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RPS animation urges patients with minor ailments to visit pharmacies

Source: RPS

An animation explaining the benefits of seeking treatment for minor ailments from community pharmacies has been published by the Royal Pharmaceutical Society (RPS).

The animation was developed for the Wirral Clinical Commissioning Group (CCG), which is rolling out a minor ailments service to around 80 community pharmacies in the region.

It explains how patients can visit pharmacies that have been commissioned to provide an NHS minor ailments service for conditions such as “eczema, indigestion, hayfever or an upset stomach” to avoid the need to visit under-pressure GP surgeries or accident and emergency (A&E) departments. It also emphasises the accessiblility of community pharmacies.

The CCG plans to show the animation in 56 GP practice waiting rooms and other healthcare settings, such as A&E departments and walk-in centres.

“This service will help our patients have local and ready access to information about common medical ailments and easy access to treatments,” says Pete Naylor, CCG chairman. “It also represents our commitment to working in a much more joined up way with our pharmacist colleagues to meet the needs of our patients safely and conveniently, and to help our local hospital with its increasing pressures at A&E.”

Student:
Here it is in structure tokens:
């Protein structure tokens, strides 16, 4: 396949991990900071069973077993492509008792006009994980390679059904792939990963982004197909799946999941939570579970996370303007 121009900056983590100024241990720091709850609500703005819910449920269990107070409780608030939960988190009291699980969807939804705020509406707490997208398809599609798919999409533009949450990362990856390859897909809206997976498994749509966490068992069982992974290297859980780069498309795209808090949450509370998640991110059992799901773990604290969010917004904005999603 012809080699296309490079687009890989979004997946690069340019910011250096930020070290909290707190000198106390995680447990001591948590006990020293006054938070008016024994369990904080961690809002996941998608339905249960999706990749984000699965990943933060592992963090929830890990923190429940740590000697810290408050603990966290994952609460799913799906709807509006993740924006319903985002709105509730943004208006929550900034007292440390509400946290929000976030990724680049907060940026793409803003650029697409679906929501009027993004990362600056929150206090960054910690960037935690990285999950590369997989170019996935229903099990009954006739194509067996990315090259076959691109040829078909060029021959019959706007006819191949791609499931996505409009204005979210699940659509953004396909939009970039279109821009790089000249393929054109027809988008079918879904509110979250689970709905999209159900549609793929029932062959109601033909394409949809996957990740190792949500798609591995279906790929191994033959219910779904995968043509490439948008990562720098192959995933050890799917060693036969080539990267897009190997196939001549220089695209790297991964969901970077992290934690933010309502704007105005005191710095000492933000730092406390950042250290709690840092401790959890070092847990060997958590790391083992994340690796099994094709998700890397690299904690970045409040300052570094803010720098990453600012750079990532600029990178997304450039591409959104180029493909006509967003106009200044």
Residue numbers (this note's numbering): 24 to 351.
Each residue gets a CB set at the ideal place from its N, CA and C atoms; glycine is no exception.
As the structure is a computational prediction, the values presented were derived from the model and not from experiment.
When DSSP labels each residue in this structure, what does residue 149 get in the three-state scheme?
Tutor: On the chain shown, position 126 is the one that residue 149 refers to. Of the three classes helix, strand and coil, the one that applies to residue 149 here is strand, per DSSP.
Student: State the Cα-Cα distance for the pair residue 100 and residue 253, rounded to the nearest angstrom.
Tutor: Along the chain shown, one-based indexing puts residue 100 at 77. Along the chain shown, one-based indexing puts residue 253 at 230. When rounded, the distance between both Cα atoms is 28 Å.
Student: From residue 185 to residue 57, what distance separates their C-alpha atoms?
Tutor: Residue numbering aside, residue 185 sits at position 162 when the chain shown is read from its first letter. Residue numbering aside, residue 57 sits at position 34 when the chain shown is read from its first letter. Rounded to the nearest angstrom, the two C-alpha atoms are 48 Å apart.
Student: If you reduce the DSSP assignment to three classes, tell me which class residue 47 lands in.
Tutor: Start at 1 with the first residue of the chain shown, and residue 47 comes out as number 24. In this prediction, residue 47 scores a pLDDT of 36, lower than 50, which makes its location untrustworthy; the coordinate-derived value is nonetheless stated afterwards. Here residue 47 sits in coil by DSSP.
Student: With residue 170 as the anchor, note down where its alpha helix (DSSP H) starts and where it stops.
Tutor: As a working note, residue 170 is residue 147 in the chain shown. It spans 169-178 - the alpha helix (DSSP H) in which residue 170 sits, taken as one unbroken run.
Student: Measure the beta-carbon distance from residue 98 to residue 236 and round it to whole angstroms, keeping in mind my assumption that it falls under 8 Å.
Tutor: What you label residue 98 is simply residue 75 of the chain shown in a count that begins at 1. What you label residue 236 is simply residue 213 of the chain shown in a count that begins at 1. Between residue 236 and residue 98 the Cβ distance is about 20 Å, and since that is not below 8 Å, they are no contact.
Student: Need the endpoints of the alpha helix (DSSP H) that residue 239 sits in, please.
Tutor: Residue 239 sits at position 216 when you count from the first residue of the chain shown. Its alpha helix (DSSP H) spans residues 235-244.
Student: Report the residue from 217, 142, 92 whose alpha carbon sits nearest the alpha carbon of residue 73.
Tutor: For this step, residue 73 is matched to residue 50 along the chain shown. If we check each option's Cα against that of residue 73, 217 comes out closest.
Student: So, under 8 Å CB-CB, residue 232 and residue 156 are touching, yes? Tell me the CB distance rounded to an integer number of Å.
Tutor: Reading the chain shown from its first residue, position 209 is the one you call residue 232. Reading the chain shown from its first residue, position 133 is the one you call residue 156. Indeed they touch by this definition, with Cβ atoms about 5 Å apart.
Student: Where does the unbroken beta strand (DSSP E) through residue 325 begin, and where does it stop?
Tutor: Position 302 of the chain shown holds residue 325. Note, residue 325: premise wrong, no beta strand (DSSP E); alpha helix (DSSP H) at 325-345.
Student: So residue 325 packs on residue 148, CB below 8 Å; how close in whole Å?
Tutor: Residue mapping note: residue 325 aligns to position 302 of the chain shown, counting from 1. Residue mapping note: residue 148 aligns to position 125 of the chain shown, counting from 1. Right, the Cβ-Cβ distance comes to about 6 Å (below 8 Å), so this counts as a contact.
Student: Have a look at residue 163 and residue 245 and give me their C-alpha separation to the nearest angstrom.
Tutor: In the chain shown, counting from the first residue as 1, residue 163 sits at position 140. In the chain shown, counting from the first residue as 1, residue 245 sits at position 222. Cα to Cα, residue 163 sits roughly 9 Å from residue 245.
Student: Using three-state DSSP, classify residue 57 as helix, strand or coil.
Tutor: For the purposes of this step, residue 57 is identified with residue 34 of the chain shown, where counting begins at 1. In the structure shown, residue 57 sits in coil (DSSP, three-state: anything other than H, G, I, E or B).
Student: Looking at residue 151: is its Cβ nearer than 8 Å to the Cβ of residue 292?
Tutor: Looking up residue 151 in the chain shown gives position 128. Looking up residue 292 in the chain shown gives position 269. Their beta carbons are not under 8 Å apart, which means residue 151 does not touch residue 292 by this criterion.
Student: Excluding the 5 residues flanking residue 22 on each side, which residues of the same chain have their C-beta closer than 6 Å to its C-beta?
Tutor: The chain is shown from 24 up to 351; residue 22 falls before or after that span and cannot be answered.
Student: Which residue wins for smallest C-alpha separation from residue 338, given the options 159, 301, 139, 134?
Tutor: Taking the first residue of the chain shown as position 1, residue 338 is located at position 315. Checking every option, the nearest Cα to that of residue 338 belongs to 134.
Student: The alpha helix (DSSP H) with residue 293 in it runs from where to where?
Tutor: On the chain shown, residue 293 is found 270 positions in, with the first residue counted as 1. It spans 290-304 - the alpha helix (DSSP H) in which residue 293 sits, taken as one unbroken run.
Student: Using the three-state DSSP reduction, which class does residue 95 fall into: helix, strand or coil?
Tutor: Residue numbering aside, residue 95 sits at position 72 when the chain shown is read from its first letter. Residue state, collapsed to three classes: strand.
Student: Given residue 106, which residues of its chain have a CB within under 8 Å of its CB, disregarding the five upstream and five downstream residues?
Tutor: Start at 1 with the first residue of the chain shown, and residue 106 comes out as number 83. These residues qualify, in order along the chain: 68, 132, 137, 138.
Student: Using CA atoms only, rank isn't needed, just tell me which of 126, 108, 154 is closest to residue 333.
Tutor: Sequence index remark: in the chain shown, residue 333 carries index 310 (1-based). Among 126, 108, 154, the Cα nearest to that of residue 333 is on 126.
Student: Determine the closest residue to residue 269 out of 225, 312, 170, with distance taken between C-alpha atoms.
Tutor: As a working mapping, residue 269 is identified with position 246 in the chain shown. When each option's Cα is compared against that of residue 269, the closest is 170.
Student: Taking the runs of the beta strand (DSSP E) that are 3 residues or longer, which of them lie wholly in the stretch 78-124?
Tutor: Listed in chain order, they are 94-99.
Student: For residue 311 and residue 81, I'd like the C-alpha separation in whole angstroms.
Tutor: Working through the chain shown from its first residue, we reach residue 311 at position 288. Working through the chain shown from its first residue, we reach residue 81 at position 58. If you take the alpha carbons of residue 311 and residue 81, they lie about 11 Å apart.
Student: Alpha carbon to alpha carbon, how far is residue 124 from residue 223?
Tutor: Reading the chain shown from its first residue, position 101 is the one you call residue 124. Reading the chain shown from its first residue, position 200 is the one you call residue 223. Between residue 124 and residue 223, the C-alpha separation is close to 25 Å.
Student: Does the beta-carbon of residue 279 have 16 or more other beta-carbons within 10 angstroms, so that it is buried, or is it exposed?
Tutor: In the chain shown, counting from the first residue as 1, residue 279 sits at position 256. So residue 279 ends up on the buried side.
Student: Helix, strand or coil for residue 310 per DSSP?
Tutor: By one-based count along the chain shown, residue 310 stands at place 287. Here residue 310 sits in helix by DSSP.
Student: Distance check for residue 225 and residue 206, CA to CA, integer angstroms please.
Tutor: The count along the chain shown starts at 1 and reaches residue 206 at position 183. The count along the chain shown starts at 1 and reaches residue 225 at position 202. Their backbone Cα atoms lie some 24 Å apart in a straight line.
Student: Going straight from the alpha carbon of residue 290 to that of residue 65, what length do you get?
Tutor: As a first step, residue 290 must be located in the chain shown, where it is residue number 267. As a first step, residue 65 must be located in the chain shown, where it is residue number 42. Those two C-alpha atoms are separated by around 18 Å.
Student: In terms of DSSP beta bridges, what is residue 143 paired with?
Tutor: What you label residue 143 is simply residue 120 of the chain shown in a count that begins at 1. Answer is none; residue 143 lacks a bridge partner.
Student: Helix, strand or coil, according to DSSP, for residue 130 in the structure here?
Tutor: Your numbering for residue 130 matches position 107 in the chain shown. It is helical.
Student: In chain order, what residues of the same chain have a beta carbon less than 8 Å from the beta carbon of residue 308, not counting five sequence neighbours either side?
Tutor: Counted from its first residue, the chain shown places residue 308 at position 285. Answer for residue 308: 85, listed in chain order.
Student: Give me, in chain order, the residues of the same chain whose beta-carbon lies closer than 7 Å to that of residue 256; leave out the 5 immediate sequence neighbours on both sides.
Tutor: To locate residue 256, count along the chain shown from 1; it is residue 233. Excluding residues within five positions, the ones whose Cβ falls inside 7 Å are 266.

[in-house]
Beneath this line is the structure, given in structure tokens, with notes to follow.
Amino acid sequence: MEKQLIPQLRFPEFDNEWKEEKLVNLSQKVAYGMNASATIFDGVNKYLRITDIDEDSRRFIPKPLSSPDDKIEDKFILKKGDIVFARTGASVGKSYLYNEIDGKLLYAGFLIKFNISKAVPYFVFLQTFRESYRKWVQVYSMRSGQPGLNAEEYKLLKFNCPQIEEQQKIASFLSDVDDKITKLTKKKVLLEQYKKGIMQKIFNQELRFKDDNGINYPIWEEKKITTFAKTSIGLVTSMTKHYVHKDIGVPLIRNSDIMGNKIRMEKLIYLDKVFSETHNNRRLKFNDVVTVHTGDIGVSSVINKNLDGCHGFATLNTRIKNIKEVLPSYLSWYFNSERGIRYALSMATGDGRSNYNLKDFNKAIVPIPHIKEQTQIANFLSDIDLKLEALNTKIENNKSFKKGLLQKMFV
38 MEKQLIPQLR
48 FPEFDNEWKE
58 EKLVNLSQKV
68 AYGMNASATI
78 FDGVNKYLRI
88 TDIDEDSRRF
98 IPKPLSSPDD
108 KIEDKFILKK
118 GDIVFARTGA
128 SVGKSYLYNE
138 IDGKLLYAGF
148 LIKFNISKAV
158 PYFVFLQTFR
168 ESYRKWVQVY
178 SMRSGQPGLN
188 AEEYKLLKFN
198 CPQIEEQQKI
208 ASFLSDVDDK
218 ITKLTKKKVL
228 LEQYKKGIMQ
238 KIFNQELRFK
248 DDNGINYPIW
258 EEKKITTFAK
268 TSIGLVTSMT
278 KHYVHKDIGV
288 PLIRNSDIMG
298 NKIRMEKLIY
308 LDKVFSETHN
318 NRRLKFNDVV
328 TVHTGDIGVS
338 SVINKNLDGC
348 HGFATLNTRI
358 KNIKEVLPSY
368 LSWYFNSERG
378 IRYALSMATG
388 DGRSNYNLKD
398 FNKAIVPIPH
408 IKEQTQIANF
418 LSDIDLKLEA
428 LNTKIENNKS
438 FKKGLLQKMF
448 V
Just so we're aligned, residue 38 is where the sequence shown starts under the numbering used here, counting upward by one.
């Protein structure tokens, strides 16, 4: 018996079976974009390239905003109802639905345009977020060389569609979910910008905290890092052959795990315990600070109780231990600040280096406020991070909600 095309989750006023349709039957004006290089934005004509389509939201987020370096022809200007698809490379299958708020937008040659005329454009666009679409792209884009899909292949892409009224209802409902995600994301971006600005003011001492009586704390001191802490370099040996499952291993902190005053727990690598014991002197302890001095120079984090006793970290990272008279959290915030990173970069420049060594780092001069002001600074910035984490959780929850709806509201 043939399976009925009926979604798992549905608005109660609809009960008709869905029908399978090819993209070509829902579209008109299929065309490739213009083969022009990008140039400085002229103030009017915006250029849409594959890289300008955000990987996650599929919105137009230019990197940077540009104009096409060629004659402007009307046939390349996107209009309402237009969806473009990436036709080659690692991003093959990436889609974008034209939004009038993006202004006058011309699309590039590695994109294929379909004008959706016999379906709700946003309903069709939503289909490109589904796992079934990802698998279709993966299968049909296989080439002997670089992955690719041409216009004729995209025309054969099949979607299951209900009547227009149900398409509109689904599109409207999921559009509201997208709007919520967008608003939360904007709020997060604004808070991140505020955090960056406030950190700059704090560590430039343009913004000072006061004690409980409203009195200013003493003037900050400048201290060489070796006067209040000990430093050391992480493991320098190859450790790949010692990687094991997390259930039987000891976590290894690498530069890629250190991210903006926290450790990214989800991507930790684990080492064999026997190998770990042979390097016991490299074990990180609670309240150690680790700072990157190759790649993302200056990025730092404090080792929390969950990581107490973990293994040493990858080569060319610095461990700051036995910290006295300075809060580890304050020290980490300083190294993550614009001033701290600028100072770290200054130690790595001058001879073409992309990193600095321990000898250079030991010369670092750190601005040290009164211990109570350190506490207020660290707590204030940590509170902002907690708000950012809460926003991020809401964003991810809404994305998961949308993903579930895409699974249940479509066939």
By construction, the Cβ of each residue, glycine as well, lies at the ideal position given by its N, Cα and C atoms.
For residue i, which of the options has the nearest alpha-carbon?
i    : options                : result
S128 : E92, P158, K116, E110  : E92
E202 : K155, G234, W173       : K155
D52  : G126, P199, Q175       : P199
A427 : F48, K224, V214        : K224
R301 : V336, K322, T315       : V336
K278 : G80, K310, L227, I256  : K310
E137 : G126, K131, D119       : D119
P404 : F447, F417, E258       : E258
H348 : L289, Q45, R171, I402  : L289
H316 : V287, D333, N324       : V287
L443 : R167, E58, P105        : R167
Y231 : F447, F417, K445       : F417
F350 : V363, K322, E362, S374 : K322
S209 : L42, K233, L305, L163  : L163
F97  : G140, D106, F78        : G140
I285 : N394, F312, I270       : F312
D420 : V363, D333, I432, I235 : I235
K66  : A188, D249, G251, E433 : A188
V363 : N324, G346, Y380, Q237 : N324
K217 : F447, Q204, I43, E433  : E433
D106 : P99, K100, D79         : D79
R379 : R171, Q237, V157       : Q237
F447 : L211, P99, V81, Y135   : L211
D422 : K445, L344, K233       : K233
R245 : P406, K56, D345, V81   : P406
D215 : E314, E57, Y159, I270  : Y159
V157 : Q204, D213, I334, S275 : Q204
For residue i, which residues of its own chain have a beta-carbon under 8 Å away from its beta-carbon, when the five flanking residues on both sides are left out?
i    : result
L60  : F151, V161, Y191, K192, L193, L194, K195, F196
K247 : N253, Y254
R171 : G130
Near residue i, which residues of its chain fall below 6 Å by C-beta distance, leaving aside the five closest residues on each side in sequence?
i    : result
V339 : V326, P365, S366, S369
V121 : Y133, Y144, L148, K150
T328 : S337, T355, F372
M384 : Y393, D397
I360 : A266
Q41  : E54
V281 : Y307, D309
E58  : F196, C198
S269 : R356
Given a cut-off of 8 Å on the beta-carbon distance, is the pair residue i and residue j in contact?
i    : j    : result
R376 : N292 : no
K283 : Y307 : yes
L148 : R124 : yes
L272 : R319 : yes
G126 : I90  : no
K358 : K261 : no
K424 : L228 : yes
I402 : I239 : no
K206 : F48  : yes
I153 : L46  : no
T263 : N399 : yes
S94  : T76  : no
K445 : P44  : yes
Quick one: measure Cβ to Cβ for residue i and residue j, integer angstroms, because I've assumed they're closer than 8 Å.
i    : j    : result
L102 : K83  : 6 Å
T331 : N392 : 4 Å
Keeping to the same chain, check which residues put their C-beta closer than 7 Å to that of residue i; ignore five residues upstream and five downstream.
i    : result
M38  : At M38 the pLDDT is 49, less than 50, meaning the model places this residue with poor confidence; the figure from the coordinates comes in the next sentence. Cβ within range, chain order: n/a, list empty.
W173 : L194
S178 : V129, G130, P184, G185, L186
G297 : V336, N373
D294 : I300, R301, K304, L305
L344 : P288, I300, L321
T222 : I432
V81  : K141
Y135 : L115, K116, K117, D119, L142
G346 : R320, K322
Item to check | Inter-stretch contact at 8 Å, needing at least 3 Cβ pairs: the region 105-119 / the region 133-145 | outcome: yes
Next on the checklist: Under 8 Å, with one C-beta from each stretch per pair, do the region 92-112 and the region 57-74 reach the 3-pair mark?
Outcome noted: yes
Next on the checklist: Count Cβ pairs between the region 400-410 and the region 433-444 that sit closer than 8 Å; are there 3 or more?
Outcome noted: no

Jasmeen Islam, deputy head of medicines management at the North West Commissioning Support Unit, who helped to develop the animation, says it will be essential to raising awareness of the local minor ailment service.

RPS president Ash Soni says the animation will also help other health professions understand what pharmacists can offer. “Research shows the results for patients are just as good when they are treated for minor ailments at a pharmacy as when they are treated at a GP surgery or at A&E,” he says.

The RPS has repeatedly called for a national minor ailments service. On 7 May 2015, it emerged that the Pharmaceutical Services Negotiating Committee and NHS Employers are in talks over such a service. 

Citation: The Pharmaceutical Journal DOI: 10.1211/PJ.2015.20068535

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